Poverty alleviation



Pakistan is described as a country one third of whose population lives below the line of subsistence and is poverty ridden. Successive governments have proclaimed finding ways to alleviate poverty, but except for few cash dole-outs, nothing substantial was done. The awareness about the issue is wide-ranging, however, that has prompted PTI government to take up this issue with the Chinese government that agreed to incorporate poverty-alleviation measures in the overall composition of CPEC mechanics. It is a welcome step towards helping the poor segments of population to emerge out of the poverty line.

The current monetary-based concept of poverty was almost universalized among governments and international organisations after the end of Second World War in 1945 that left in its wake large spectrum of misery and poverty. The intense awareness led to defining poverty in specific terms as a condition suffered by people who do not earn enough money to satisfy their basic material requirements. It was also classified that a majority of such people comprised of women.

The developed world soon overcame the disastrous impact of Second World War and the essential concept of poverty became alien to it. It, however, became a defining feature of the developing world. It was mostly due to the efforts of the developed world that poverty moved up the global political agenda. The situation in the developing world deteriorated because the financial arrangement devised by US-led cartel of countries consisting of World Bank, IMF and GATT was mostly utilised for security concerns leaving little for poverty alleviation.

The theories and expectations of trickle-down were accordingly discredited
and it was recognised that economic growth only reduces poverty if
accompanied by specific
economic and social policies

The Cold War stimulated competition between the West and the East for winning allies in the ideological war between US and USSR. The countries in the western bloc saw their development within the context of that system that was based on growth within a free market but also they stressed the role of the state in promoting development.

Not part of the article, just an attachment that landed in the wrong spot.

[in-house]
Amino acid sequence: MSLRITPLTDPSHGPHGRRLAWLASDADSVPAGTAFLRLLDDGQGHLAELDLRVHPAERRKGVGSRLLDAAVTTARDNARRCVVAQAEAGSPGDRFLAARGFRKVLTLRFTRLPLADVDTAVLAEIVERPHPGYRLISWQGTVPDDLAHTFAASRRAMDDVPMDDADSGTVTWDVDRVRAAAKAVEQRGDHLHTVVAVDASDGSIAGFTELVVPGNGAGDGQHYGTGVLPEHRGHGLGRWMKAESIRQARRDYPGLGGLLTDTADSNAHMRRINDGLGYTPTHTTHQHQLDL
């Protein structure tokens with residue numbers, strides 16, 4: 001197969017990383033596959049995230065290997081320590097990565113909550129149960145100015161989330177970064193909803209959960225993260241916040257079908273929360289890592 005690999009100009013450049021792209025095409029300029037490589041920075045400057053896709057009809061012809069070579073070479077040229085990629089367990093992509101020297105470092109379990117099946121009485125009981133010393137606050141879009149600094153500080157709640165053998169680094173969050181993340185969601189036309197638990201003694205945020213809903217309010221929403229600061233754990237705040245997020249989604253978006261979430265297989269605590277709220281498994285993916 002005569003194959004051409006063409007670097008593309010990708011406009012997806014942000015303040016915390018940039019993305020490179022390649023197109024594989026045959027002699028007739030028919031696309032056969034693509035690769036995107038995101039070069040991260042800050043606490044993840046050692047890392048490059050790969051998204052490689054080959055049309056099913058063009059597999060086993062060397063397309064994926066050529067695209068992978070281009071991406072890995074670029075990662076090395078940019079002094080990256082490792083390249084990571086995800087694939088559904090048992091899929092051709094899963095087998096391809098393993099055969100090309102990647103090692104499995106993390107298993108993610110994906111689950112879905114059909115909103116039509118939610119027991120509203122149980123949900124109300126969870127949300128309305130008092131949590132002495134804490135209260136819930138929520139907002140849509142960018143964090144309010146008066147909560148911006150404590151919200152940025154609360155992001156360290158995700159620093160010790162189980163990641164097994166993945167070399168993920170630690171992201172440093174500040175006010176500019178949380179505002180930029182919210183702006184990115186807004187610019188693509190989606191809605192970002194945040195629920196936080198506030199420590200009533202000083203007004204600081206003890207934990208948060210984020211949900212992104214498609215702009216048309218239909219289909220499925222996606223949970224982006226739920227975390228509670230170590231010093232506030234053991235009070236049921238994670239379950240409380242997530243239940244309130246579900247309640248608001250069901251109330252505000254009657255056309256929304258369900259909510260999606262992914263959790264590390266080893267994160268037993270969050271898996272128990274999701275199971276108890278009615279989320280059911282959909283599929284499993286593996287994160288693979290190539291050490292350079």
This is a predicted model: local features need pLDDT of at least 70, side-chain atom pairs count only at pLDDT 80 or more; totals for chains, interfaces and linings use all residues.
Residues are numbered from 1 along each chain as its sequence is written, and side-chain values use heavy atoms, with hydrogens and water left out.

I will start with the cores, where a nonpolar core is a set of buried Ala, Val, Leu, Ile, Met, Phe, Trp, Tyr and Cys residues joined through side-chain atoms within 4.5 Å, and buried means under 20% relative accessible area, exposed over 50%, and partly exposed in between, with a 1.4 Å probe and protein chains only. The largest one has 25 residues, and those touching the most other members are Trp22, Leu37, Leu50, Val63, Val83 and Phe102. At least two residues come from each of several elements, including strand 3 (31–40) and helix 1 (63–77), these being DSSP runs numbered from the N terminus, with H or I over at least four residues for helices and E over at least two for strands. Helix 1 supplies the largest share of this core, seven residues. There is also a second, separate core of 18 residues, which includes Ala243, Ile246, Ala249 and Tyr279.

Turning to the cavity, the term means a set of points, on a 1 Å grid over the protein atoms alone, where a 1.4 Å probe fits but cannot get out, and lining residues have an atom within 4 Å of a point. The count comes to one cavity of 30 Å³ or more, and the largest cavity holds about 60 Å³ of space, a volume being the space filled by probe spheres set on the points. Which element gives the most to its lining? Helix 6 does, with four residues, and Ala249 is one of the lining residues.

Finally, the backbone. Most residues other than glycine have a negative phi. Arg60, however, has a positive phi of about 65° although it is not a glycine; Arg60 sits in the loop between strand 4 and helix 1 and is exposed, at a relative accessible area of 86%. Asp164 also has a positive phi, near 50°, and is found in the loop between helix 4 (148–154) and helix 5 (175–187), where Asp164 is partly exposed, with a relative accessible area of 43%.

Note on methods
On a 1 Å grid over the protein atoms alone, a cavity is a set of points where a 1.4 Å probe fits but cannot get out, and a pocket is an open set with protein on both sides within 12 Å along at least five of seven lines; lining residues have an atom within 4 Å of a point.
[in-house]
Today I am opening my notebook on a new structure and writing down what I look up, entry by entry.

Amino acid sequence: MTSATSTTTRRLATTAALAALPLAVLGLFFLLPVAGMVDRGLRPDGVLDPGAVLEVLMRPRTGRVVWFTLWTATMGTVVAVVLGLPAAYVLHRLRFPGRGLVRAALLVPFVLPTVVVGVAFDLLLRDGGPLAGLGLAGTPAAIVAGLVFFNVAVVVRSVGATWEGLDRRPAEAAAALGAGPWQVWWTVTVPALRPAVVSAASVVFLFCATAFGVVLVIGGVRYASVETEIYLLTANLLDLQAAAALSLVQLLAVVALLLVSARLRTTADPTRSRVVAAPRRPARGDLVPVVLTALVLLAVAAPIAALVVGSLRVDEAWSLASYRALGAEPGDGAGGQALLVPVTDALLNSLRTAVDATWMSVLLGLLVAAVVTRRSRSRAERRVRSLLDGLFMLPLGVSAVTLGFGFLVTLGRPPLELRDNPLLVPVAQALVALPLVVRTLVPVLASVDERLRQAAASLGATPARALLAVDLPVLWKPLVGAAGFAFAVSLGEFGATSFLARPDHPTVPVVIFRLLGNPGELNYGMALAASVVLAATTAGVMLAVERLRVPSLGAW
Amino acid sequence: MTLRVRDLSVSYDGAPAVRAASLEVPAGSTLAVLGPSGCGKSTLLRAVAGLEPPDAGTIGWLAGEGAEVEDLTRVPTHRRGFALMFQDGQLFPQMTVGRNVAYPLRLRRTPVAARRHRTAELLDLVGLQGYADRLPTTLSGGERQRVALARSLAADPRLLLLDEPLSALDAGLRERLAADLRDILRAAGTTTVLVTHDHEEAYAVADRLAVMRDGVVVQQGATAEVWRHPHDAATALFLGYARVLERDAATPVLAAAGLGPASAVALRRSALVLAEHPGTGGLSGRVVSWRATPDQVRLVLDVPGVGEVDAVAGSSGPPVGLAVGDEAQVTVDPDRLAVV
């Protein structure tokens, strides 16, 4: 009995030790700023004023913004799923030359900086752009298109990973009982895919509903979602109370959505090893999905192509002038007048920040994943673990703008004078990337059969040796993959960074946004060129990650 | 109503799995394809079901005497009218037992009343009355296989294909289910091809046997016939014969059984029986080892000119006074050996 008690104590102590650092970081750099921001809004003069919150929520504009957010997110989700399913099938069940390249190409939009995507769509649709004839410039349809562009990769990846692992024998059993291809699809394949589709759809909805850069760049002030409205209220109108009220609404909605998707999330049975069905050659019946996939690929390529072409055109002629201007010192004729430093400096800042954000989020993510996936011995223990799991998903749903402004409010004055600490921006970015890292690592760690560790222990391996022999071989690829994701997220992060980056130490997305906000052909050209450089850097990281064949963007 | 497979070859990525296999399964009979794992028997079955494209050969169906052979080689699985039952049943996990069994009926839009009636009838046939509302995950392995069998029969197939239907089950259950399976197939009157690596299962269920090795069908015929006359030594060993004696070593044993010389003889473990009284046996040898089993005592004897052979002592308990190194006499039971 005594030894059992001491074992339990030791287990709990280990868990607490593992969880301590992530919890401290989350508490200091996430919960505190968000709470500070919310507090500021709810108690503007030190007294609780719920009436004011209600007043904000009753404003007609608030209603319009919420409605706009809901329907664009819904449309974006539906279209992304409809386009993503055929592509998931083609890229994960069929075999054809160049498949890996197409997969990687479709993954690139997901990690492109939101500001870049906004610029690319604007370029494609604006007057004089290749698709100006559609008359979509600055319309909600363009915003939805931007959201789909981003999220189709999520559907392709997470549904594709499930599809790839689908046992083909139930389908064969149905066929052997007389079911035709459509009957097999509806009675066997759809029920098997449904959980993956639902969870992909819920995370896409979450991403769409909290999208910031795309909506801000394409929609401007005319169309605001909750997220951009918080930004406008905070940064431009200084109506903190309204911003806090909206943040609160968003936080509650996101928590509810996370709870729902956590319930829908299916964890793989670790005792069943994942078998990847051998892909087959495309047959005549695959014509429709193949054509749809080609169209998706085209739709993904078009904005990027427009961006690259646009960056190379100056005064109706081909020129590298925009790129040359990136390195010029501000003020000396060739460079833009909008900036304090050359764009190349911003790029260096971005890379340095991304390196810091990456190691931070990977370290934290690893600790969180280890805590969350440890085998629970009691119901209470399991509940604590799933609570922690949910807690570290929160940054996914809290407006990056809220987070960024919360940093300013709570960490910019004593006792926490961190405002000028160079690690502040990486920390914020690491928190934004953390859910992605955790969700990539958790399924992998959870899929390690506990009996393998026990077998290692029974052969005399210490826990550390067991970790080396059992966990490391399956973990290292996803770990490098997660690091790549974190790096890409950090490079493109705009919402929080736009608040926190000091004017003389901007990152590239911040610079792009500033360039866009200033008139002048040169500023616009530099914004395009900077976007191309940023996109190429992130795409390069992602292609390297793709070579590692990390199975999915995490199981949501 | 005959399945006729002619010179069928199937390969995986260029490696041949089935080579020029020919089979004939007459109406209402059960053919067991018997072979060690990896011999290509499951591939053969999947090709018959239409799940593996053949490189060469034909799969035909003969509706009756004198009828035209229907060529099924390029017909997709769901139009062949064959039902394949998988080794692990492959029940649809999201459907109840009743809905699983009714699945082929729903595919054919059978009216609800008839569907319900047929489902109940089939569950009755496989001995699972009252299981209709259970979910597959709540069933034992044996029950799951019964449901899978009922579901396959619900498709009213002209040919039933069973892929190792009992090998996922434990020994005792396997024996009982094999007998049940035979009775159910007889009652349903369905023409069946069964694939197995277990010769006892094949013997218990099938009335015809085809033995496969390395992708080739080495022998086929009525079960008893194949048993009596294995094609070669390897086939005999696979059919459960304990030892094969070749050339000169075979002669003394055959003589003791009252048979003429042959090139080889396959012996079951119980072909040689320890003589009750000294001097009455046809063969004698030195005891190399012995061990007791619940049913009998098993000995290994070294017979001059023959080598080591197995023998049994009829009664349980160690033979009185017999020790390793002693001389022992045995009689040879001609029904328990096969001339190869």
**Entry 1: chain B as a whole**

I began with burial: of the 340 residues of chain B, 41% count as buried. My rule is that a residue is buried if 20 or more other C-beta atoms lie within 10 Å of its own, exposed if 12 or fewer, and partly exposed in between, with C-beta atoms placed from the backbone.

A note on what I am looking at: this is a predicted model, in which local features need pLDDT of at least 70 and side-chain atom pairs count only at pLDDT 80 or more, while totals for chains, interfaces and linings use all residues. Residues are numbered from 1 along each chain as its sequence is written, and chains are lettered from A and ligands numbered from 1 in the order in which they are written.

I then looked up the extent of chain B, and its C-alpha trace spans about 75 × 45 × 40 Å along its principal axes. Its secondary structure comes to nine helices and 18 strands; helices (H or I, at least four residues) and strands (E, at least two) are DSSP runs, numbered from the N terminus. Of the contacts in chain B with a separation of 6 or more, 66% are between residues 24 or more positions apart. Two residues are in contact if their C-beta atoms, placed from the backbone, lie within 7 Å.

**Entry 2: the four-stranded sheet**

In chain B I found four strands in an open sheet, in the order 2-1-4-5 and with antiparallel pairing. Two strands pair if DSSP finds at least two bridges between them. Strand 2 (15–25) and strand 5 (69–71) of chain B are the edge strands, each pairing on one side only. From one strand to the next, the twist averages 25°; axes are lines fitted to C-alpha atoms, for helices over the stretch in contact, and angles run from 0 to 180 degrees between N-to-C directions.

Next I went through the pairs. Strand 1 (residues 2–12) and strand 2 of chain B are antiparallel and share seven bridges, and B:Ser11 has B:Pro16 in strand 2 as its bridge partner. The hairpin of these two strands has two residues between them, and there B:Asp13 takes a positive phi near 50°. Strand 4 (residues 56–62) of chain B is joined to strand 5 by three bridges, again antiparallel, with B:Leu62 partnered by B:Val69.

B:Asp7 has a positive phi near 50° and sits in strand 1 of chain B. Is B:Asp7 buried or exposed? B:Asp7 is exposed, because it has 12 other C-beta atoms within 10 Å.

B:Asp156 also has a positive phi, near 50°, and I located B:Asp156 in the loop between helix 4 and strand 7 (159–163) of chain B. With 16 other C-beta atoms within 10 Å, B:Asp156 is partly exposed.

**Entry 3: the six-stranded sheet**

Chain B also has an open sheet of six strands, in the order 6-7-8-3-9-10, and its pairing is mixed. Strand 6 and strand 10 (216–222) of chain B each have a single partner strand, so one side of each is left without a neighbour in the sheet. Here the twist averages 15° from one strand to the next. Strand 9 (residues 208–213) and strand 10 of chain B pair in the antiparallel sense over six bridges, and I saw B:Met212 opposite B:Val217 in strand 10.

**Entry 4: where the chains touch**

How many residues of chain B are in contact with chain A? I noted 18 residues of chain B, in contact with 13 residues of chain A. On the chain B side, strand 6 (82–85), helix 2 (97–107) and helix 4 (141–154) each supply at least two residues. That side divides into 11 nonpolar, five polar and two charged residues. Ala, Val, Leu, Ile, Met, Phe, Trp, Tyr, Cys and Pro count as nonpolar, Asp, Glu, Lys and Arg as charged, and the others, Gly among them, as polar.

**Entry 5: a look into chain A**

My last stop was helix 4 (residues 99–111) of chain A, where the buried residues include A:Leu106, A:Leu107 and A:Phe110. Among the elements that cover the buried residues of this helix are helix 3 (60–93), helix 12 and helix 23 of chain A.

The market forces succeeded in designing specific criteria for measuring economic progress through GDP per capita, economic growth and industrialization. Yet despite apparent success in conventional terms, there occurred a volatile widening of the gap between the richest and poorest population of the world and the result was that developing countries as a group entered the 1990s more indebted than the 1980s. Most of the countries of the former Eastern bloc or Second World, now known as the economies in transition from central planning to free market, suffered rapid economic decline in the 1990s and effectively joined the developing world.

The theories and expectations of trickle-down were accordingly discredited and it was recognised that economic growth only reduces poverty if accompanied by specific economic and social policies. Recognising the failure of economic growth-based indices of development, the UNDP Human Development Index was designed in 1990 to measure development in terms of longevity, education, and average purchasing power. This effort gave rise to national poverty reduction strategies as a response to shortcomings in the development practices but this approach was criticised on issues of national ownership and policy content.

Endemic poverty

The current predicament of the developing world points out that that export oriented, free-market development has increased the wealth of the West. The end of the last century saw increasing role played by NGOs and grassroots activists in poverty alleviation but this role often came under criticism. It was alternatively proposed that an alteration in power structures upholding status quo may provide a solution. Grassroots organisations challenge entrenched power structures as people defend their rights seeking local control and empowerment. This is the process Pakistan is going through as it is considered the only route for poverty alleviation

The emphasis in Pakistani case is on facilitating a community’s progress on its own terms. It is now an accepted view that community participation, empowerment, equity, self-reliance and sustainability are required for bringing prosperity to wide segments of population. This view asserts that sustainable development is to be achieved by further growth within a global free-market economy. This is the most effective way to maximise global wealth creation. Adopting this approach is considered to free up resources to ensure social progress.

The global view is also in alignment with this perception as was expressed by different international organisations particularly the World Bank. The concept of liberal implementation of economic growth is taking over pure free-market economics as a tool to help meet the basic needs of their people and ensure political stability. The change in perception has seen an increase in food production and its availability but malnourishment issue is still to be addressed.

Pakistan is in the grip of burgeoning population and the recent remarks of high-placed decision makers point out towards taking steps to check this growth that has nullified all development achieved. The ruling-groups are also taking cognizance of relieving poverty conditions through continuous cash help and it could be seen that successive governments have not scrapped Benazir Income Support Programme because, however, little it helps in aiding the poor segments.

Baqar Bilal Hussain is a social activist


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